Preparing the assets for style training
Do the training images have the same size?
💡 During the style training process all input images are resized to 512x512 which is the default size for AI learning. If the images are 1024x1024 they will all get resized to 512x512 therefore it's ideal to upload images in this size by default. If you have bigger images that's also OK for AI learning it's just would be important to at least have ALL images uploaded in the same size so that they can be resized the same amount at least to make sure proportions of the assets.
Are assets centered the same way across all the input images?
💡 Let's say you're training a set of furnitures which have the same proportions if assets upload are not centered the same way for ex: some are zoomed in and some are zoomed out AI might have hard time generating outputs in the fixed proportions. Here is a good example of how to format the assets paying attention to assets positions:
Do the training images have the same aspect ratio?
💡 As mentioned in the first point, AI resizes the images to 512x512 aspect ratio 1:1. If any of these aspect ratios is not identical to the others, Layer completes the images to square before resizing (and this resizing is not content aware), this might mean loss of certain important pixels or addition of new pixels which might cause distortion in certain areas. and this resizing is not content-aware) therefore it’s important to make sure assets going into training have the same aspect ratio. This artifact is particularly obvious when the image contains some objects we humans are very familiar with, e.g., faces, human bodies. For ex: if you are training backgrounds as long as you upload images as all portraits they will be completed to squares the same amount therefore training quality may not be affected significant enough to bother you.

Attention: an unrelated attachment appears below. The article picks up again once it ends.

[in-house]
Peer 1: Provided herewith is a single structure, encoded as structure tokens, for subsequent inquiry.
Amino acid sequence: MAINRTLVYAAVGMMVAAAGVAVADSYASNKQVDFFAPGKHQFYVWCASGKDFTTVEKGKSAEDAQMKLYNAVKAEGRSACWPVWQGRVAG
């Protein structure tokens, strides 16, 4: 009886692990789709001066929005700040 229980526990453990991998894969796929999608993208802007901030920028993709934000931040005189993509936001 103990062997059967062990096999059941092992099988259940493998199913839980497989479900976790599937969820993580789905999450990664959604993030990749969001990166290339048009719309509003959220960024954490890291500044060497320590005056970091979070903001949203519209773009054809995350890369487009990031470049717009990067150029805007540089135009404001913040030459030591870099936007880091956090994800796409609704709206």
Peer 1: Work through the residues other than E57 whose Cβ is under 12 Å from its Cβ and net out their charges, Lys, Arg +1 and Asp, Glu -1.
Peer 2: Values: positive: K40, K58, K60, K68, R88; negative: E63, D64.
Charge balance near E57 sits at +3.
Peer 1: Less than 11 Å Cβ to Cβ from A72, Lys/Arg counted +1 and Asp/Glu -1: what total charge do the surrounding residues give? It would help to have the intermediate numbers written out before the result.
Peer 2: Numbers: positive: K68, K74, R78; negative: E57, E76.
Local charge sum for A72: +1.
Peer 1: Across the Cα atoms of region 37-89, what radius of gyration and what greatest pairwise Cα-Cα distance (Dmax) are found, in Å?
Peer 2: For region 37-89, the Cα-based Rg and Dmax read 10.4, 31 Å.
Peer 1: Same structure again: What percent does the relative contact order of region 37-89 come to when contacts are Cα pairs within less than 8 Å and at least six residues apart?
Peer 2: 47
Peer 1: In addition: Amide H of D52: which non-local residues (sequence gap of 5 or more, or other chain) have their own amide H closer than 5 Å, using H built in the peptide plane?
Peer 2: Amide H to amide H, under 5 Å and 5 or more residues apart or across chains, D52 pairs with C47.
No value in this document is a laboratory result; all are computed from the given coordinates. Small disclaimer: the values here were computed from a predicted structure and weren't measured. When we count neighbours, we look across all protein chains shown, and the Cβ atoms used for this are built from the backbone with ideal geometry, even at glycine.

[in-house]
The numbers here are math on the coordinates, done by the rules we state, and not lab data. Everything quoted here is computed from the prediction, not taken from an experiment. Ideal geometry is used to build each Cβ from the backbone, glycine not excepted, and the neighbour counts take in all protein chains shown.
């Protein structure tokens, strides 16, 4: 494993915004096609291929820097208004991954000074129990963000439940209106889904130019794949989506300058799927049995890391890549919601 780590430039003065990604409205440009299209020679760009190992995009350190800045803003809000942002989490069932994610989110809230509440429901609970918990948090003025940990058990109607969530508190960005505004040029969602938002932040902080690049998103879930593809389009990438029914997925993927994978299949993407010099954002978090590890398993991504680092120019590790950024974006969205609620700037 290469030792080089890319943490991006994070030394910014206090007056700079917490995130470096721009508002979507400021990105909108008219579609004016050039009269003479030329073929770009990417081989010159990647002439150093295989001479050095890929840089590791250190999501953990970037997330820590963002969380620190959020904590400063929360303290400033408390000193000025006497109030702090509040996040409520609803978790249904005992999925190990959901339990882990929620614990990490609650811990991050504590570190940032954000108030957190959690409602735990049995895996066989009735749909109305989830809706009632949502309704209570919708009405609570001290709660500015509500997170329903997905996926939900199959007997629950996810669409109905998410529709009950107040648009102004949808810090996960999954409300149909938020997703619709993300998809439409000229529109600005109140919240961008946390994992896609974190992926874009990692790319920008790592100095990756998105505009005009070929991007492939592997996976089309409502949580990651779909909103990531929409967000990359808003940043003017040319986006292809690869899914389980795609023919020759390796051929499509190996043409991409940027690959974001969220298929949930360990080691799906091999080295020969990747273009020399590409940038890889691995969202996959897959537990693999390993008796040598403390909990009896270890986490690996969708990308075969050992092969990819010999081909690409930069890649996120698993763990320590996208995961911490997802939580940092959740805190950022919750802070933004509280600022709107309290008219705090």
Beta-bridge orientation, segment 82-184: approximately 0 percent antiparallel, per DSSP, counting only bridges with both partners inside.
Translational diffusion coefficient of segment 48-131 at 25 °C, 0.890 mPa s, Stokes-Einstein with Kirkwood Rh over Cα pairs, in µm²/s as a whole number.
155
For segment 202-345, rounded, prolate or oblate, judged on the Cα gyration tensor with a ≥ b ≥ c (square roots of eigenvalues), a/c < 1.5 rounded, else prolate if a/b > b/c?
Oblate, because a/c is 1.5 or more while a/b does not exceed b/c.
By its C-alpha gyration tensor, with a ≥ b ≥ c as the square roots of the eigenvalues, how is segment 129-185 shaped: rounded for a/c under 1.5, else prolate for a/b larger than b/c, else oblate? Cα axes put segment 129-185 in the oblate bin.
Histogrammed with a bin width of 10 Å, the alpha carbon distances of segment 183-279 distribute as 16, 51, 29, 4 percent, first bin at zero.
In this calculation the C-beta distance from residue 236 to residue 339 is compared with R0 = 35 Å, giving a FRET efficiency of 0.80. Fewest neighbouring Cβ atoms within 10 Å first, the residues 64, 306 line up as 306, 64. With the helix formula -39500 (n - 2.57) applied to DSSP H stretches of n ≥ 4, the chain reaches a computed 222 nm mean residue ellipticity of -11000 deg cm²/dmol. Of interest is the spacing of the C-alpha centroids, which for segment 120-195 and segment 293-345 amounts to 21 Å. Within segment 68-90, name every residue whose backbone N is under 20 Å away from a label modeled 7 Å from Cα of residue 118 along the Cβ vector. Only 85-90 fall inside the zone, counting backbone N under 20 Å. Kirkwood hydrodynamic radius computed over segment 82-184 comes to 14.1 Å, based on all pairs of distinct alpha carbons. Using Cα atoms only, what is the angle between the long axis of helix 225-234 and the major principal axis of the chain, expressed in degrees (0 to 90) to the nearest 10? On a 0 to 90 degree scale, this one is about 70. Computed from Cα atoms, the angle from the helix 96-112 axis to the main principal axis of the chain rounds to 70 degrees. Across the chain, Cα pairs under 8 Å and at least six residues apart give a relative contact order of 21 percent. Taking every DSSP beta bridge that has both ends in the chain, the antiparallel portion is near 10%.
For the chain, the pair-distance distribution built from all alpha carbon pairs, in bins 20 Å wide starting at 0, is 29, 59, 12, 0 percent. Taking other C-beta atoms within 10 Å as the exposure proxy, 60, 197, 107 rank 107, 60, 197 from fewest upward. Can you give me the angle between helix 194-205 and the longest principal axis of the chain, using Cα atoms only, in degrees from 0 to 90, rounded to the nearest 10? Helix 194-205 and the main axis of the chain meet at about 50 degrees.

Are the dimensions of the training samples close to Layer’s suggested resolution (e.g., 512 pixels in width and 512 pixels in height for square)?
💡 default learning happens with 512x512 so for top results upload images in this resolution, second best thing to do is for all images to at least have the same resolution.
Does the training set provide clear enough samples for those details you’d like to see in the forged image?
💡When low quality images such as blurry or low resolution are uploaded as training images, AI will learn those artifacts as a part of the target style. Accordingly this will then generate suboptimal results.
Have you tried to upscale? When an unsatisfactory detail of the forged image is regional (e.g., face of a character) instead of global, try upscale and re-forge the selected region (with the preferred style).